Two buildings
THAT DOES IT - Korina Sanchez (The Freeman) - April 29, 2019 - 12:00am

It seems heads will definitely roll for the collapsed Chuzon Supermarket in Porac, Pampanga, during the Castillejos, Zambales, earthquake last week. Video has surfaced showing the collapse of the supermarket, just seconds after the earthquake struck. The four-story building was initially designed for two floors, and is only four years old. The owner of the supermarket has also surfaced and claims no irregularities during the construction of the building.

The PNP is now preparing cases not only against the owner, but local officials who may have issued permits without checking designs, and even the contractor who may have used substandard materials during construction. Retailers of substandard materials, especially in the provinces, must also be made accountable. Materials that do not meet the standards set by concerned agencies, may be openly sold particularly in the provinces. Sadly, the search for survivors has ended after rescuers could no longer find proof of life.

On UN Avenue, the Emilio Aguinaldo College (EAC) building tilted and leaned against the adjacent building. At first, liquefaction was offered to explain why the building simply leaned and did not collapse. Liquefaction occurs when waterlogged soil loosens during an earthquake. But Phivolcs chief Renato Solidum does not believe liquefaction took place.

There are no cracked roads and water did not surface, which are the telltale signs of liquefaction. Liquefaction also occurs over a wide area, like what happened in Dagupan during the 1990 earthquake. No other buildings apparently experienced the same fate as that of the EAC building.

It might be necessary to look at the building's "footprint," if it was deep enough. Buildings must be able to withstand earthquakes up to a certain magnitude, swaying back and forth but returning to its original position.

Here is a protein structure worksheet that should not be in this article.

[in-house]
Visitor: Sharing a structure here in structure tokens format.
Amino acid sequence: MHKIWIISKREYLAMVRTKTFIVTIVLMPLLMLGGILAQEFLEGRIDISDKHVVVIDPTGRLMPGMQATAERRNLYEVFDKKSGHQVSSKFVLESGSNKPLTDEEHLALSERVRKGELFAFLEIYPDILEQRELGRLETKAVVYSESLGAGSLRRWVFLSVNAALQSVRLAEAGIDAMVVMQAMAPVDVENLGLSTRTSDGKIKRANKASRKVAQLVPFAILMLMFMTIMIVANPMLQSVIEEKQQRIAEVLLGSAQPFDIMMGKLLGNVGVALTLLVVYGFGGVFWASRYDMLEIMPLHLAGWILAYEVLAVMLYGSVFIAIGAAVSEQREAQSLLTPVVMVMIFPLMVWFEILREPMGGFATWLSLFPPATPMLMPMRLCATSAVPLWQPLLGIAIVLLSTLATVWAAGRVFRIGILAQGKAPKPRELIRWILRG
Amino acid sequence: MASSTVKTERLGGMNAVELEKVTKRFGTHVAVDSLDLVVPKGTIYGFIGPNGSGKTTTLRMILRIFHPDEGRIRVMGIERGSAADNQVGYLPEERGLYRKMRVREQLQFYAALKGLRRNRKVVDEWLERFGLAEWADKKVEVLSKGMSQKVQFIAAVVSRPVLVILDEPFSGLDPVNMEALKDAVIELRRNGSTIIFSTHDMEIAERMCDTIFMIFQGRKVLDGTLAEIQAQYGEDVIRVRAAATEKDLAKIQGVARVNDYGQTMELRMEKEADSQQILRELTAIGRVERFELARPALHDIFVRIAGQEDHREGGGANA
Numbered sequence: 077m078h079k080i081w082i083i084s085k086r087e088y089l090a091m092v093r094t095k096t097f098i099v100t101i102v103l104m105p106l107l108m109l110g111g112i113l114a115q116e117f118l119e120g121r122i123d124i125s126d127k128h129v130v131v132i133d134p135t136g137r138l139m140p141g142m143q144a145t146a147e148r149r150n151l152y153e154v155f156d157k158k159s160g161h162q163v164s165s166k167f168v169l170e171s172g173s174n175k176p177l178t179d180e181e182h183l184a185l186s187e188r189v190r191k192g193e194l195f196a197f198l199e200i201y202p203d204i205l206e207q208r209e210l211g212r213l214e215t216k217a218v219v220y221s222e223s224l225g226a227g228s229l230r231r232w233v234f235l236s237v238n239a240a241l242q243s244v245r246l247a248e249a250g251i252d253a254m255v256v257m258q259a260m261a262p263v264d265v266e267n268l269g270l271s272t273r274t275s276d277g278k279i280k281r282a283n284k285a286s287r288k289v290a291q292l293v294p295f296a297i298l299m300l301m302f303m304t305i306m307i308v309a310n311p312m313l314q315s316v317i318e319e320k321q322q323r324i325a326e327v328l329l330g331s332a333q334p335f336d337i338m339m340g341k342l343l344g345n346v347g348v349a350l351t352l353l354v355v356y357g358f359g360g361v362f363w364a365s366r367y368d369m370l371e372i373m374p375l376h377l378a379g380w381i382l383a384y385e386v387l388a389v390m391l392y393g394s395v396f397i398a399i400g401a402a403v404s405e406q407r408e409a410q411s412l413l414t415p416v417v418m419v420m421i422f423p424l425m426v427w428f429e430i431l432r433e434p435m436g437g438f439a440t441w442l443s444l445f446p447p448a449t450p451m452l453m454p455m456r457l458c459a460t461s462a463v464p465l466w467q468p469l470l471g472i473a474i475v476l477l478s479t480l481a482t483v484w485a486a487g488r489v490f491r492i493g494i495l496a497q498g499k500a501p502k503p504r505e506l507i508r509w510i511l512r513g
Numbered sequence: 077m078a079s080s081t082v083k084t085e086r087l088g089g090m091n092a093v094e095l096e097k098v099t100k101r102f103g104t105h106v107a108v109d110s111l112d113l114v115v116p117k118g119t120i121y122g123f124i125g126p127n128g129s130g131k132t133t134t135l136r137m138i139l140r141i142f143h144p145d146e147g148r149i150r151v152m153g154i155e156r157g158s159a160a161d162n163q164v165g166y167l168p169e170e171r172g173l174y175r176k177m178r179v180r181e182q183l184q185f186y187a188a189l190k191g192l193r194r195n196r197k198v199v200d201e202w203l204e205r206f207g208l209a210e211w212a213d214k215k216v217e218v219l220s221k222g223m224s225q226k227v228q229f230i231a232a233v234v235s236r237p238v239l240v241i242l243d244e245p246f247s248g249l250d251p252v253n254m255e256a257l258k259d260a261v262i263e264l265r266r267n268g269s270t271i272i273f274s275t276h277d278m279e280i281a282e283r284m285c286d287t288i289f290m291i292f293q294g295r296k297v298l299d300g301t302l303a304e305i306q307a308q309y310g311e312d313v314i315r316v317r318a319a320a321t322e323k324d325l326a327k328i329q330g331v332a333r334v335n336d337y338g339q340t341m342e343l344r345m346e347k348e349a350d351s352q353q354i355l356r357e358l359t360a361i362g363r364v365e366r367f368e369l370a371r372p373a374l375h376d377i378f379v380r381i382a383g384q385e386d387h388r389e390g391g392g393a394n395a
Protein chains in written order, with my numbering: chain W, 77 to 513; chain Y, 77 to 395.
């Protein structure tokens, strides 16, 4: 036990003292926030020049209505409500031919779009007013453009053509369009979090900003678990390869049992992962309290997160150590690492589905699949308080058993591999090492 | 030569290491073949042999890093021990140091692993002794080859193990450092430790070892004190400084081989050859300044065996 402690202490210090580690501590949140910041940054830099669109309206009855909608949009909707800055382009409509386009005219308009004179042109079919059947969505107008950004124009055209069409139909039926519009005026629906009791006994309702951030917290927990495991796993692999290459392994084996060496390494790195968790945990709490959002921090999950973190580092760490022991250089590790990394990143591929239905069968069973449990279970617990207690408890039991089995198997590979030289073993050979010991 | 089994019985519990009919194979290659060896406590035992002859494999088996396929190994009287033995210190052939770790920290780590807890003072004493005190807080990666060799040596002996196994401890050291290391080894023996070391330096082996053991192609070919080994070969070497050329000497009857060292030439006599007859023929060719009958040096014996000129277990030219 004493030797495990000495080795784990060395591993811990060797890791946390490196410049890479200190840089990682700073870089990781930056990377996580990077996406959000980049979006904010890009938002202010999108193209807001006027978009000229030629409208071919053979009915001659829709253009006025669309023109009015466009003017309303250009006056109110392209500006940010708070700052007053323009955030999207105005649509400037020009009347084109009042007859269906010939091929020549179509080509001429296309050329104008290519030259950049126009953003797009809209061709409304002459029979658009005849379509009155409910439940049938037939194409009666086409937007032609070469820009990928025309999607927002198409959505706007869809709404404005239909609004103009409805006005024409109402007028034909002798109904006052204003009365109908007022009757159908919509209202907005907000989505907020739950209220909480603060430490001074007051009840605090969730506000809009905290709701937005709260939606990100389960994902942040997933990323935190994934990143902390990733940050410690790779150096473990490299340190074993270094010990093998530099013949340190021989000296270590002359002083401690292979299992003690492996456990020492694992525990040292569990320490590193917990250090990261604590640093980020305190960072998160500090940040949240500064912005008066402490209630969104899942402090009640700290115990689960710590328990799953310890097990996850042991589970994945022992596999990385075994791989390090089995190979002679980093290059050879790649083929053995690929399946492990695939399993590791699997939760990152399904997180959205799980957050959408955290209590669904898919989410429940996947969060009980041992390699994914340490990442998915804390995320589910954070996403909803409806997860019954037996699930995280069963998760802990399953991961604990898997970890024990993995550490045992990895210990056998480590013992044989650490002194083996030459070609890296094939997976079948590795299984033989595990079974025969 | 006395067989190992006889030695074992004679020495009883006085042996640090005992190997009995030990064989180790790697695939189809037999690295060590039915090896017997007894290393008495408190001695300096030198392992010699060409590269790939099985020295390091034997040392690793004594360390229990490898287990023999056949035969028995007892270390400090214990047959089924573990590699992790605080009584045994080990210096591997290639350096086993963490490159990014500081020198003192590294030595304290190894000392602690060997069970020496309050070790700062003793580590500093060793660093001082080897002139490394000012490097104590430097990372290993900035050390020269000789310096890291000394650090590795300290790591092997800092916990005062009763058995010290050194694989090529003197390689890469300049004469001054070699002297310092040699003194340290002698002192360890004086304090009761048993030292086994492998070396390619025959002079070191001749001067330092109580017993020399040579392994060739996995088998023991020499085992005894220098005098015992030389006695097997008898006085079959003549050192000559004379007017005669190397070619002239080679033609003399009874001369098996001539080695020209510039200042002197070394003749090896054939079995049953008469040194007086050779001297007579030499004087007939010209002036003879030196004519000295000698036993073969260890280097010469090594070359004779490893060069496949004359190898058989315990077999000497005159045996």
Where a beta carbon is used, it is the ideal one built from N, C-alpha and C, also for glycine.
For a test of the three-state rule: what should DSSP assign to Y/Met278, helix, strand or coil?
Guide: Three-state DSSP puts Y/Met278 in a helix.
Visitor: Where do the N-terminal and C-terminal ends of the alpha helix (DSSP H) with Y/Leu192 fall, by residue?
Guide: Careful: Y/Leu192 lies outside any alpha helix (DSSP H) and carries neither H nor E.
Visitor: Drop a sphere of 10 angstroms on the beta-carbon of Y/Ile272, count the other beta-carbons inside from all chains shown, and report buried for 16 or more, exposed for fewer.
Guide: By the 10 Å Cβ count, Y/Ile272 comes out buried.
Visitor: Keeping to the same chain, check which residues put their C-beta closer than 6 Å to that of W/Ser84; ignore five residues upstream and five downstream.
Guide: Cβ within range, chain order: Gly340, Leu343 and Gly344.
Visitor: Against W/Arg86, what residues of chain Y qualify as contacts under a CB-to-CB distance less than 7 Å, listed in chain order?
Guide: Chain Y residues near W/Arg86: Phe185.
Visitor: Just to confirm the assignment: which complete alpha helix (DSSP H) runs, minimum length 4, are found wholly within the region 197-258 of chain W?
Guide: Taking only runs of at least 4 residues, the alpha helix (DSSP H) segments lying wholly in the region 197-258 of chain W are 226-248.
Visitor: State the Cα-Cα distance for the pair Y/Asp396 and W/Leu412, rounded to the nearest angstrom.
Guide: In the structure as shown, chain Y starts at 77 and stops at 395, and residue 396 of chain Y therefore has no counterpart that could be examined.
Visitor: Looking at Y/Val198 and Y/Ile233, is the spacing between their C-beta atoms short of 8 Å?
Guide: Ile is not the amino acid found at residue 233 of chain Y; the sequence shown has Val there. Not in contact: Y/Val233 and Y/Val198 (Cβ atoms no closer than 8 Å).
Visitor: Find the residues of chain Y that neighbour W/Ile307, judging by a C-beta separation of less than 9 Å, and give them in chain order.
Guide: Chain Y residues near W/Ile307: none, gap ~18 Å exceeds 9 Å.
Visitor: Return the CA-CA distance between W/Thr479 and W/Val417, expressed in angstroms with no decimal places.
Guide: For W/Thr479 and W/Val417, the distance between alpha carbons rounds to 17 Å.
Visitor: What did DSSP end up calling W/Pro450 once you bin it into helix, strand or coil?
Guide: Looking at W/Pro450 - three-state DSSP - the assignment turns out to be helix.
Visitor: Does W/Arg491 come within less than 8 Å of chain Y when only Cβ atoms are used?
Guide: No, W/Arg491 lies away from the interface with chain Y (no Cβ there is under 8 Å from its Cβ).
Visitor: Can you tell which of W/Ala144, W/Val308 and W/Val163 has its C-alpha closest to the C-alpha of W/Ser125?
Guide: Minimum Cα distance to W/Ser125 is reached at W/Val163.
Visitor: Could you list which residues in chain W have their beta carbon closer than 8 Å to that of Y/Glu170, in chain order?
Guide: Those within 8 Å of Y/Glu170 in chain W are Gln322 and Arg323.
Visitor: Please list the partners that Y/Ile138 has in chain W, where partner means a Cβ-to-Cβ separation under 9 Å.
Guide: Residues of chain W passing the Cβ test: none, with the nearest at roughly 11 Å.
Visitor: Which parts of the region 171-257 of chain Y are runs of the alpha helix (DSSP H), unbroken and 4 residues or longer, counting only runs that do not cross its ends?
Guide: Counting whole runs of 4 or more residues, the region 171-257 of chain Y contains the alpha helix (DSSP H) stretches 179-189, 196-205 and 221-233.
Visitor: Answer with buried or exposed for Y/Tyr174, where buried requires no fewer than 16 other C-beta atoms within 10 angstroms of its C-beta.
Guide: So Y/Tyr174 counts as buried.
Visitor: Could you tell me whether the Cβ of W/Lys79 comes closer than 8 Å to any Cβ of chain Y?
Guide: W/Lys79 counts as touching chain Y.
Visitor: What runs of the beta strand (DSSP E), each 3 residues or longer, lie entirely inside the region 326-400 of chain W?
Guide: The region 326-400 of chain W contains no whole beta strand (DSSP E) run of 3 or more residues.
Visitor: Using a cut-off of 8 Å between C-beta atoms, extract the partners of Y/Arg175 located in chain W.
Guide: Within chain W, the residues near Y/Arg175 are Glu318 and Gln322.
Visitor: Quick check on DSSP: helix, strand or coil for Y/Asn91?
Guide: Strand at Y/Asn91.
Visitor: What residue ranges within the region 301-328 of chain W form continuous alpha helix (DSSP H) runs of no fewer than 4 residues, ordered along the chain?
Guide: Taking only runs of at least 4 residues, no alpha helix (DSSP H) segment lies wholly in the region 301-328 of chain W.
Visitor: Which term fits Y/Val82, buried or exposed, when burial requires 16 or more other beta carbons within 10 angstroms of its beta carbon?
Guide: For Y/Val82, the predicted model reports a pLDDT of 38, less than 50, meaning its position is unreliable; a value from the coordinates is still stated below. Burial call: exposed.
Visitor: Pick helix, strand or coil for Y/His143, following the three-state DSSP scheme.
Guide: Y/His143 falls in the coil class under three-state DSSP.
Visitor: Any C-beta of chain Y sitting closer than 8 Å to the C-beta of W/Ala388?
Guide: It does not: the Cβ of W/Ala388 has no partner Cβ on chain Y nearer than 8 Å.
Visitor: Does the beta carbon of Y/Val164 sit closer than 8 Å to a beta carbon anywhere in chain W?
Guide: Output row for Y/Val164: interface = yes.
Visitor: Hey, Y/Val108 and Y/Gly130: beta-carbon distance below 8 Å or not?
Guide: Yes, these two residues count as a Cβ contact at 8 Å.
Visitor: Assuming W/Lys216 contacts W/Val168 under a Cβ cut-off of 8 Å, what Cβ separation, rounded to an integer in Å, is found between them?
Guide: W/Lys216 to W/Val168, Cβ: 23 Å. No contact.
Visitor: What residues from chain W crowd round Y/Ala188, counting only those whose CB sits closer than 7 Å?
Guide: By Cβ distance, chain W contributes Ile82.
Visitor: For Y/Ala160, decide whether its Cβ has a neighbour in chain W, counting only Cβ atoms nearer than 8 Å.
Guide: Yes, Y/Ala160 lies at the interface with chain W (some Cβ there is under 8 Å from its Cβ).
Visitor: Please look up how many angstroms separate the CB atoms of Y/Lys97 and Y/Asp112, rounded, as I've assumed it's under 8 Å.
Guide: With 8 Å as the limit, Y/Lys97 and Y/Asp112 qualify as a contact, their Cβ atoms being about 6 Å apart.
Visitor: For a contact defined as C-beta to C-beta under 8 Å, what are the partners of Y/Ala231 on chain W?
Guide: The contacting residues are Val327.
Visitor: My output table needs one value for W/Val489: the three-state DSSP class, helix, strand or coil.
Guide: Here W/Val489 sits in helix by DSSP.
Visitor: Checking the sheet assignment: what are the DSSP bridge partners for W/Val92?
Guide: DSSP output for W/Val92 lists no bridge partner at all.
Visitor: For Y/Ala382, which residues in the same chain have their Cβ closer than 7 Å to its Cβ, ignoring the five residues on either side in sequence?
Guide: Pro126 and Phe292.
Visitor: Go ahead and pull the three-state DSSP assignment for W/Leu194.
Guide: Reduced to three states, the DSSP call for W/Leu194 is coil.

Obviously this did not happen with the EAC building. Investigators must look at the owners and contractor of the building, if they wanted to save or make more money, respectively. As for what to do with the “Leaning Building of Ermita,” there are calls for its demolition. Aside from safety issues concerning the building’s occupancy, who wants to enter a leaning building? The stress on the adjacent building may be too much, making it a safety hazard as well.

Buildings in Metro Manila constructed before modern counter-earthquake measures should be inspected if they are still structurally sound. There is no such thing as an earthquake-proof building, but buildings should be earthquake-resistant up to a certain magnitude.

Last week’s earthquake caused modern buildings to sway for about a minute, but we did not see any of them collapsing. The Chuzon Supermarket and EAC building may be reminders that cutting corners for savings or profit may someday backfire, with grave consequences. As always, there are innocents who pay dearly for these infractions.

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